Transforming Critical Failure to Box Office Success

July 10th, 2009   •   2 comments   


Courtesy of wintan29

Like almost everyone else who doesn’t don a skirt, I have watched Transformers 2: Revenge of the Fallen recently. The action was fast, furious and catered specifically for hot-blooded males of any age. After all, gigantic alien robots and Megan Fox is sure to draw the attention of the Y chromosome.

What’s interesting though is that a movie which is panned and “demolished” by numerous critics both overseas and at home, has taken the box office by storm. It became the first movie in 2009 to breach the US$300 million mark globally, achieving a massive US$109 million taking in the first weekend alone.
How does a movie which is given an average of one to two out of five stars continue to trump record after record? Is there such a sea change in consumer behaviour such that what the critics have declared no longer matter?

I believe that there are three factors which lead to this phenomenon.

The first is related to the decreasing influence of media professionals in parlaying opinions that matter. Through chats (online and offline), emails, SMSes, blogs, facebook accounts, tweets, plurks and numerous other channels of influence, the man-in-the-street (yes, that’s you) can exert more impact over his or her circle of friends and family members than ever before. Word Of Mouth is so prevalent and ubiquitous that its impact can no longer be discounted by any professional marketer.

This doesn’t mean that the words of journalists no longer matter. They are still credible sources of information in most cases, and they have access to facts, figures and interviewees that is denied to the average citizen publisher. However, their views in less “life and death” matters like leisure, recreation and entertainment appear to wane compared to the voice of one’s own circle of contacts.

The second factor is related to the whole business of creating hype and pre-publicity. Transformers 2 has cleverly leveraged on targeted marketing and advertising campaigns, release of “preview” snippets, insider scoops, and photographs of cast and sets to generate an extraordinary amount of hype and hoopla prior to its opening. It has also built a huge tribe and community of robot fans around the world, who have invested so much time, effort and energy into following the enterprise that they want it to succeed – despite what the experts say.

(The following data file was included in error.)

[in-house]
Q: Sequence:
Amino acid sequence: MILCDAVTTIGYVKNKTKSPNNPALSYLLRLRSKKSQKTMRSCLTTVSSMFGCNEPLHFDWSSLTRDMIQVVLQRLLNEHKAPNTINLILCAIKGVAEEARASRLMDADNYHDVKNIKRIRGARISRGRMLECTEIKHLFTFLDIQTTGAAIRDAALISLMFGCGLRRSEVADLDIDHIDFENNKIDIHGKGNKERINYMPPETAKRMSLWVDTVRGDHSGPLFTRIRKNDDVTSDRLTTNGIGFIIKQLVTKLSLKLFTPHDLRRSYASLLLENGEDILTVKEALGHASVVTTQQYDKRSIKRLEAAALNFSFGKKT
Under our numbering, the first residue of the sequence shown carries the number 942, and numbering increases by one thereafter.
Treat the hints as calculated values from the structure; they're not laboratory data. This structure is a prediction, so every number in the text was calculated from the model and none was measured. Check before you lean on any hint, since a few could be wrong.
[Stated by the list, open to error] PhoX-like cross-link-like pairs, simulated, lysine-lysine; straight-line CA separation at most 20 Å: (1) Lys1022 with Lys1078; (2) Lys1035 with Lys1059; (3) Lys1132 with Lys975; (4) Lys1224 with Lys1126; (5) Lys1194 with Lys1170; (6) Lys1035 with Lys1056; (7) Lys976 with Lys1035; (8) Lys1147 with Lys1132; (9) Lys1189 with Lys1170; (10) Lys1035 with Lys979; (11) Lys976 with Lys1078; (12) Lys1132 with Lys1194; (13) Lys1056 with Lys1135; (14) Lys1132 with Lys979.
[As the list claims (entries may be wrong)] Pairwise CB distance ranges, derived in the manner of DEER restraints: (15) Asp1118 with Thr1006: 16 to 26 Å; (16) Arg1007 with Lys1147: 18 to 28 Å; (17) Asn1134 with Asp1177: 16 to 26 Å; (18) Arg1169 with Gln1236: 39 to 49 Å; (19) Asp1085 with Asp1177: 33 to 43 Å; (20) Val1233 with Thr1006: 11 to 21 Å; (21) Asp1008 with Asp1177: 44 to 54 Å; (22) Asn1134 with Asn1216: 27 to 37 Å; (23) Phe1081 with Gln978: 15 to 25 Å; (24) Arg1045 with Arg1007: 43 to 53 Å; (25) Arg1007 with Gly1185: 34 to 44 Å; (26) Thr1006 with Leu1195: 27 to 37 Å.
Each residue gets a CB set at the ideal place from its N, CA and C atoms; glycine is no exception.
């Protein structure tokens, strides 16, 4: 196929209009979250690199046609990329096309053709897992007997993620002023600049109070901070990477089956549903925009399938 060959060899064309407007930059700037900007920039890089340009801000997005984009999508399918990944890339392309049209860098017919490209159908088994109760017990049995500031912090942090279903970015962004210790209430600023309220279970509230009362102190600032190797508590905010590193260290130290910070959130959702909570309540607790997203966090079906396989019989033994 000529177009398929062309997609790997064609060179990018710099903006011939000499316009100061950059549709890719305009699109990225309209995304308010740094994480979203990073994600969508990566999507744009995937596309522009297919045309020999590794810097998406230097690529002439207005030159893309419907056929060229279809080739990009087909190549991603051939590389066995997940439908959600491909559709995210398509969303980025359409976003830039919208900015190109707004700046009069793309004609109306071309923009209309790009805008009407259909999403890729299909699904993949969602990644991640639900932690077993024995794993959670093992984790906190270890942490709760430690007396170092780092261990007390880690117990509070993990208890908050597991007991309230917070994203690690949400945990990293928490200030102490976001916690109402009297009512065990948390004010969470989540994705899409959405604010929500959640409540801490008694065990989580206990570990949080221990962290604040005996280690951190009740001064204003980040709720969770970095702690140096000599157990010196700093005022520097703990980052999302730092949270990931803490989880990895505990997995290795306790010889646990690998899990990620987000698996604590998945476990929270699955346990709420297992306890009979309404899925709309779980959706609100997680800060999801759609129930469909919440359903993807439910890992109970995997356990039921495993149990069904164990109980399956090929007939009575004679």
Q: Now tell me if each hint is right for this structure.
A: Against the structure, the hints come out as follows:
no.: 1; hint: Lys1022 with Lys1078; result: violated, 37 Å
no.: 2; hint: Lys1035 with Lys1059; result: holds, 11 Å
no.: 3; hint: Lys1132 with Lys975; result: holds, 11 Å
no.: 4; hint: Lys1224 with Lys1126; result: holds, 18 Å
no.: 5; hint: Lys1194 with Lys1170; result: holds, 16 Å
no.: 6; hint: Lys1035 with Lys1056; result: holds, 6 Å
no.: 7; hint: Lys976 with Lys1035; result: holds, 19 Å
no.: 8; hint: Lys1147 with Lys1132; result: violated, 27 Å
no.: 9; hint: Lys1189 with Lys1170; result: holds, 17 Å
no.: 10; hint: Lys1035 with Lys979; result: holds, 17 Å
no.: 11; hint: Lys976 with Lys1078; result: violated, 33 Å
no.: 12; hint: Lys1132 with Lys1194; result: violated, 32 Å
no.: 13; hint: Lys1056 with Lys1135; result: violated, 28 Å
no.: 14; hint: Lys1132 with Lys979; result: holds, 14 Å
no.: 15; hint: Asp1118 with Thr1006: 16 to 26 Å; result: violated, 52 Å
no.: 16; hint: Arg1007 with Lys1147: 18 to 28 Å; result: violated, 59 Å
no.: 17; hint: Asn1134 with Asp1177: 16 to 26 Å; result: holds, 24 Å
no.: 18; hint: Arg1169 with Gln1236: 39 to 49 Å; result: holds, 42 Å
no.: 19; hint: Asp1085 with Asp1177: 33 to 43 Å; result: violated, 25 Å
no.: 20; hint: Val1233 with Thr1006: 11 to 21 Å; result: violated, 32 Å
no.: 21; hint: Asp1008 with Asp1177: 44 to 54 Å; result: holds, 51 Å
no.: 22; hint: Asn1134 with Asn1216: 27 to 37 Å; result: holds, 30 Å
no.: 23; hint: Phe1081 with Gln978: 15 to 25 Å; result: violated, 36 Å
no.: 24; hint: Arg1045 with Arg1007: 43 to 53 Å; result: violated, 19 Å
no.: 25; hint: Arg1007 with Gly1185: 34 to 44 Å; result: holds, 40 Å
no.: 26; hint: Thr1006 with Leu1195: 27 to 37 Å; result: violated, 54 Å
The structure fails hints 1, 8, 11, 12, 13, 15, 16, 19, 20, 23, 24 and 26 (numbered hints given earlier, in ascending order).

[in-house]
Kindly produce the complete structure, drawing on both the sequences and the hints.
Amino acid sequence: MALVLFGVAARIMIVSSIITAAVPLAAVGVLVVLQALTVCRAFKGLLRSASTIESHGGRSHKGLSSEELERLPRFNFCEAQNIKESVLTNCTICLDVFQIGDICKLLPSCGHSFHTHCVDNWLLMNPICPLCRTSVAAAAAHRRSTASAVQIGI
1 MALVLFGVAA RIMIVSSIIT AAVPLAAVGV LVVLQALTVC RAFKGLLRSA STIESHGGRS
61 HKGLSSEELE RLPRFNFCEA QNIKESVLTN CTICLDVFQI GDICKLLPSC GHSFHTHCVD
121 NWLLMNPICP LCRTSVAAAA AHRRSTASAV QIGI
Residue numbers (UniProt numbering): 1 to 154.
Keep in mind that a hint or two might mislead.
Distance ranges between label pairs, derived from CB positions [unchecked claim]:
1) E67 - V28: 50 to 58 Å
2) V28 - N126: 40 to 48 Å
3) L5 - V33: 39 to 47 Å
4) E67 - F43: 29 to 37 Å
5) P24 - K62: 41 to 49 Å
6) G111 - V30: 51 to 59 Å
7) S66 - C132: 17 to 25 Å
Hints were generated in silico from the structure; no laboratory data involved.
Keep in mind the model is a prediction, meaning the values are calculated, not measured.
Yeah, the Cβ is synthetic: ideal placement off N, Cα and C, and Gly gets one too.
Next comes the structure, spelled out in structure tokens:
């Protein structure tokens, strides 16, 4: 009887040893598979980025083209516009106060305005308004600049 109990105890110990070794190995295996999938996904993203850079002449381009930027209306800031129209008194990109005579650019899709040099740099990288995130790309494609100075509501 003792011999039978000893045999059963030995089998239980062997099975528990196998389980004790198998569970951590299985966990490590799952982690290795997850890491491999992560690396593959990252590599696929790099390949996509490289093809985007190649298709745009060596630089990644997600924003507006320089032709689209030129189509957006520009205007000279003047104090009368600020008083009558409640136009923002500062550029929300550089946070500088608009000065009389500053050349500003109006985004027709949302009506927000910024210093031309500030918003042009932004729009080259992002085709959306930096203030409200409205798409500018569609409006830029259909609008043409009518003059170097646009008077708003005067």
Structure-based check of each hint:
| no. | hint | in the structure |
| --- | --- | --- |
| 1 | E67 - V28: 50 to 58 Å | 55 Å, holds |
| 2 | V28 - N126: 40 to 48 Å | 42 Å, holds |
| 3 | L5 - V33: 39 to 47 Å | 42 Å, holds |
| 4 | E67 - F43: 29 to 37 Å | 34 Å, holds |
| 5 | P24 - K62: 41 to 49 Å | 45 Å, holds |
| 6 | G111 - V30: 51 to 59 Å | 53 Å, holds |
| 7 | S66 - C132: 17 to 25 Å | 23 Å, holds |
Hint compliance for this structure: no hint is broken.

Its just like planting a flower. After investing so much time and effort in watering the seed, fertilising it, potting and repotting it, I want to believe that the flower which blooms after several months down the road is beautiful despite what a horticulturist may say.

The final factor for Transformers 2’s overriding ticket success is probably linked to the business of holistic marketing. Through licensing, publishing, merchandising and a whole gamut of commercialisation tools, the Transformers franchise has managed to gain a tremendous foothold in the world of toy robots. Go to any Toys R Us store and the first thing which strikes you is a huge model of Optimus Prime staring at you in the face. With such a prevalent presence in numerous retail platforms, the movie appears impossible to fail.

Of course, one shouldn’t be too hasty in concluding that the same applies for all products and services. In certain industries like the arts, a critics’ view may sometimes become a life or death matter for a performance or exhibition. New products and services also depend heavily on the views of experts in determining its initial roll-out success.

However, it does appear that sometimes quantity may matter more than quality. By investing in building a huge legion of fans, one can become fairly impervious to the vagaries of media opinion no matter how devastating they are.

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2 comments

  1. posted on Jul 10, 2009 at 12:20 AM

    While review ratings have an impact on box office earnings, we must bear in mind that the correlation isn’t as direct and strong as one would infer. While reviewers were looking for strong storyline and compelling characters, the audience, now sufferers of ADD thanks to the speed of tweet, were probably looking to “blow shit up”. Michael Bay scratches that itch better than most, so tadah, box office hit.

  2. posted on Jul 10, 2009 at 4:52 PM

    Yeah, I agree with Lucian. Regarding your first point: from what I can tell, there were 2 types of “man in the street” reviews. #1: those who liked to see $#!+ blown up, #2: those who are looking for something more substantial. I fall under category #2, but a lot of people I know fall under #1, and they enjoyed the movie.

    While your 2nd and 3rd points are valid, I have a feeling that this marketing towards the niche market (and whom I think fall under category #1 because they genuinely care about the (robot) characters) will be more wary about Transformers 3.

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